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It is interesting, at least to me, how the law works or should I say, doesn’t work. I spent 31 years in the U.S. Army and retired as a CW5. During my tenure in the Army I learned a myriad of facts.

In Contracting 101, taught at the Logistics Center located at Fort Lee, Va., I learned that a legally binding contract consisted of three things:

1. An offer to transfer something of value to someone else for something else of value;

2. Acceptance of that offer;

3. Transfer of either object of value.

If you look at it from that perspective what we have here (“Computer problem — AAFES shoppers upset when laptop price really is too good to be true,” Dec. 23) is an example of either AAFES or Dell, whoever is responsible, deciding that the law does not apply to them. They made an offer on the AAFES website, people accepted that offer — and here is the legal stumbling block: The offeror took possession of the acceptor’s property (i.e., charged their credit or debit cards). Under the law as taught by the U.S. Army’s contracting school at Fort Lee, those facts constitute a legally binding contract. Yet the company is refusing to honor its contract.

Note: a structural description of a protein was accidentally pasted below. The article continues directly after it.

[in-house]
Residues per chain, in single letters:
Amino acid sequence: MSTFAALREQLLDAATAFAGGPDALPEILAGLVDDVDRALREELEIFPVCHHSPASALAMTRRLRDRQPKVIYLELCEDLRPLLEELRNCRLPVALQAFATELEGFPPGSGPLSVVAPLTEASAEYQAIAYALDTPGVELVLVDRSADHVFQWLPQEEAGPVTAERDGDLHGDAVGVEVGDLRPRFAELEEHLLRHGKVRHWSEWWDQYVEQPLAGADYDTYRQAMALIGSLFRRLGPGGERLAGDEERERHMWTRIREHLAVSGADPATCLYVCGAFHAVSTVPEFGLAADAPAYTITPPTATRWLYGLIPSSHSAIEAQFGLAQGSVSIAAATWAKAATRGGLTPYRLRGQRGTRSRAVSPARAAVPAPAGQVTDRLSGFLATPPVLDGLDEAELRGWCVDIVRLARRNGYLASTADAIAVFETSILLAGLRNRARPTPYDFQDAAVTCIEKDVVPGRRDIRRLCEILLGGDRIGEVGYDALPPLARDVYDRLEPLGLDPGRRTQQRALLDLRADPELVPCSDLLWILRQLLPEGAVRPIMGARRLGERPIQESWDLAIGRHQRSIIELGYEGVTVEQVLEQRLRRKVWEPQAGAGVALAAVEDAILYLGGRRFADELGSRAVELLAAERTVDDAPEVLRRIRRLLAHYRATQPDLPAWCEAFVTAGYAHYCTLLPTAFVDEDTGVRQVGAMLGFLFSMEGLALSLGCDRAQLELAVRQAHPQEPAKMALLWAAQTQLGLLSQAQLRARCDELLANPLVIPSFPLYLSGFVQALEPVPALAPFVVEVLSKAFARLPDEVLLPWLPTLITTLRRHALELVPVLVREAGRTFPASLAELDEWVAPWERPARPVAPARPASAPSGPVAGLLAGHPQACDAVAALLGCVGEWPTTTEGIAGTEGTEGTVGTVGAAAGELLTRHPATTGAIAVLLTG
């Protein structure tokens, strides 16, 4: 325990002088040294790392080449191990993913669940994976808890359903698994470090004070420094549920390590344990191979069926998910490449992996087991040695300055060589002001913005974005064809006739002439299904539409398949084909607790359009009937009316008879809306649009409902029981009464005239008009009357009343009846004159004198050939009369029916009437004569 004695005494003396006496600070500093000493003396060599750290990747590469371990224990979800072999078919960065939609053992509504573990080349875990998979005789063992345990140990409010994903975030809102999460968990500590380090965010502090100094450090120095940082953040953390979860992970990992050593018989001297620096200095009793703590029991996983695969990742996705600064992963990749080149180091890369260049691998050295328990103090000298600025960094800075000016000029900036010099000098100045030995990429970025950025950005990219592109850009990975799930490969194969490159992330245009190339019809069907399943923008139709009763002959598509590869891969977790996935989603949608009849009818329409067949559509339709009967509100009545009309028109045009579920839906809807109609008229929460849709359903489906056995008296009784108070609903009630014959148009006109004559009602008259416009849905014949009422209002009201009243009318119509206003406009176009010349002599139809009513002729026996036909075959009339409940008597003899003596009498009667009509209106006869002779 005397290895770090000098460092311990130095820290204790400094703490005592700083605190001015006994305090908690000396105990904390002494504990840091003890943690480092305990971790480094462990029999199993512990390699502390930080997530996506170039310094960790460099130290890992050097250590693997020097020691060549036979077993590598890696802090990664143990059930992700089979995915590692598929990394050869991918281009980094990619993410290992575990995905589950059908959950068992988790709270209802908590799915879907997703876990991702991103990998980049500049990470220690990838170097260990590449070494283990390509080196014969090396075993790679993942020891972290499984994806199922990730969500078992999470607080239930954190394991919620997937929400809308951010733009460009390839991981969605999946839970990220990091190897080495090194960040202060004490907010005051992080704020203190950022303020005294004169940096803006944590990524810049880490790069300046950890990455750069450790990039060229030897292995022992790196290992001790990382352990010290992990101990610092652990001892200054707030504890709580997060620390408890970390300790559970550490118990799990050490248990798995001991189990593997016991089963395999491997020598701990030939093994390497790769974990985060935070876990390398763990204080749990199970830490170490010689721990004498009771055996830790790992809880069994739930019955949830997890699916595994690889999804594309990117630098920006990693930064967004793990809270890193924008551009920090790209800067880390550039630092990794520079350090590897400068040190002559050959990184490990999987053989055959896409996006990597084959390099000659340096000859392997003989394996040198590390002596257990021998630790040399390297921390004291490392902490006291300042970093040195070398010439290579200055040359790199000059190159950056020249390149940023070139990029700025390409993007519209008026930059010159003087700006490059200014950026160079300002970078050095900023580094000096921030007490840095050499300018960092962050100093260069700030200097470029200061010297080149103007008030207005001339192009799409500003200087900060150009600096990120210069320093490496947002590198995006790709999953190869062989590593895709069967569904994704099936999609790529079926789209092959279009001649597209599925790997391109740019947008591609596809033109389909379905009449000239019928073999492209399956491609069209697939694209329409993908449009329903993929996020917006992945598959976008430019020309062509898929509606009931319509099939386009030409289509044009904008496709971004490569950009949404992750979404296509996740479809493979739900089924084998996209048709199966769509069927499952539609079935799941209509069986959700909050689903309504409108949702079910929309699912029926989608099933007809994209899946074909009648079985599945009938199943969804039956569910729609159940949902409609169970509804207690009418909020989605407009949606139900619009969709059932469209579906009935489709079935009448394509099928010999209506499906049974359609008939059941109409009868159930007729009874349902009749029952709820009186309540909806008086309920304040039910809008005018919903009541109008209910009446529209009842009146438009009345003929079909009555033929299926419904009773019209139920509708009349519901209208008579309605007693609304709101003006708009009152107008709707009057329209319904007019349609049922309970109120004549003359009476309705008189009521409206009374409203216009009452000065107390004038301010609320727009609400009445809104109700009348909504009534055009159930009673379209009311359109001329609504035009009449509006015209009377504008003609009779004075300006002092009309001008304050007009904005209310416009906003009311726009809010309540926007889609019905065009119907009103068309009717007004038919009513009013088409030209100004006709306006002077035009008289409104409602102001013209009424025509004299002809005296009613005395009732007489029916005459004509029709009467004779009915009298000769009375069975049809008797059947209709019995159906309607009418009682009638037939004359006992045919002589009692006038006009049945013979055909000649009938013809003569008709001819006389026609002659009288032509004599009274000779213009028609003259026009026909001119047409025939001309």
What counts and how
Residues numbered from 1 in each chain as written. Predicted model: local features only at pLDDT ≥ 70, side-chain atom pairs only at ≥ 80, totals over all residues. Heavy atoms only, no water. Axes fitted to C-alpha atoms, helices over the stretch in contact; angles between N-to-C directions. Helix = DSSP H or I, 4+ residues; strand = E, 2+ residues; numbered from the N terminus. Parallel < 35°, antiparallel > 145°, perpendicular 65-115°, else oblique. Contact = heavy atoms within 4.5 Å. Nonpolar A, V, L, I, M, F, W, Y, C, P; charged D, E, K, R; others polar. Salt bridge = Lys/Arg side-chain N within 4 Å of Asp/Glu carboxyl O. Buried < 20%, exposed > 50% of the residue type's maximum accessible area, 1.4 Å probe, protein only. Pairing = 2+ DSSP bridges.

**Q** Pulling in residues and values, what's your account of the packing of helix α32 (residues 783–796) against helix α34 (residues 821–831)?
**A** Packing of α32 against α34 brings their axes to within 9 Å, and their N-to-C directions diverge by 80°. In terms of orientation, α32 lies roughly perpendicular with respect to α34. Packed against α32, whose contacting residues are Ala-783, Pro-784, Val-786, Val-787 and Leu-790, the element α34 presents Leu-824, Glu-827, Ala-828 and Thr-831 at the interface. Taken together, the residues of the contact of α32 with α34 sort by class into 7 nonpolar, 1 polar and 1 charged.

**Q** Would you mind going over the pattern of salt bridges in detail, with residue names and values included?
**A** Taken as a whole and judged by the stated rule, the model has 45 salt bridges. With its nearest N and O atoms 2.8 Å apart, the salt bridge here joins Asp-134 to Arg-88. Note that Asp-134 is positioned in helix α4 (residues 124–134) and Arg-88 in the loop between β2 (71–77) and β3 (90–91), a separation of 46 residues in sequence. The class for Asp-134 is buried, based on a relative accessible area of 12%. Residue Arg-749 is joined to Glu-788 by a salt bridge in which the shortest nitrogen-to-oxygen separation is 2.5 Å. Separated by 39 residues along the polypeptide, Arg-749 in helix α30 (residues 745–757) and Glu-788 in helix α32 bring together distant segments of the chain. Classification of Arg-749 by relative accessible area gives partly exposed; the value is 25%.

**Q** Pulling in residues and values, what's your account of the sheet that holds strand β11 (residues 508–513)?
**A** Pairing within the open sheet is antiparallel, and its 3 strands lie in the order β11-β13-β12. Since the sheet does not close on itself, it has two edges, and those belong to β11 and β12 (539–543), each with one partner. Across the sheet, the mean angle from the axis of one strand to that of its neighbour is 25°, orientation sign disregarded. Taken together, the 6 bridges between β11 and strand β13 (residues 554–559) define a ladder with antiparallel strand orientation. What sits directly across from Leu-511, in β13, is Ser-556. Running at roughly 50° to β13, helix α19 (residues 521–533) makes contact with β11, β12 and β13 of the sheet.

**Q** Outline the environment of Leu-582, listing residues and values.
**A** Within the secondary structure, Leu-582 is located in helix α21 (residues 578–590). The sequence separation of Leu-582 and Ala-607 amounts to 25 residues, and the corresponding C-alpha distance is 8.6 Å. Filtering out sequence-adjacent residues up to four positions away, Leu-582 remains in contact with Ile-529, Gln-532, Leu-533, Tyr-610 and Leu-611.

Now was the offer a mistake? Who really knows? But that really is not the issue. The company made the offer, and the fact they have decided to cut their costs by using an automated system to accept offers and take people’s property in response to those offers is their problem, and possibly they should rethink their position as to automated systems.

However, that problem is not that of the people who turned over their money in good faith. I suspect if I refused to honor a legally binding contract in that manner, I would find myself held in front of a judge on a theft-by-taking charge. Ah, but there is the rub: How do you arrest a corporation?

It used to be in the United States that an individual’s (and a company is a legal individual) word was his bond, but those days are, sad to say, long gone. The new mantra is if I have more money than you then your word is your bond, but mine isn’t because I can buy the law. I am a wealthy company and you have no rights, my lowly customer. I remember the court fights over monopolies but that is long past, too. A shame, but my money is on the fact that neither Dell nor AAFES will honor their contracts, and the lowly customer will get shortchanged again.

My, but it does make a person wish Ralph Nader was younger.

William Gasaway

Landstuhl, Germany


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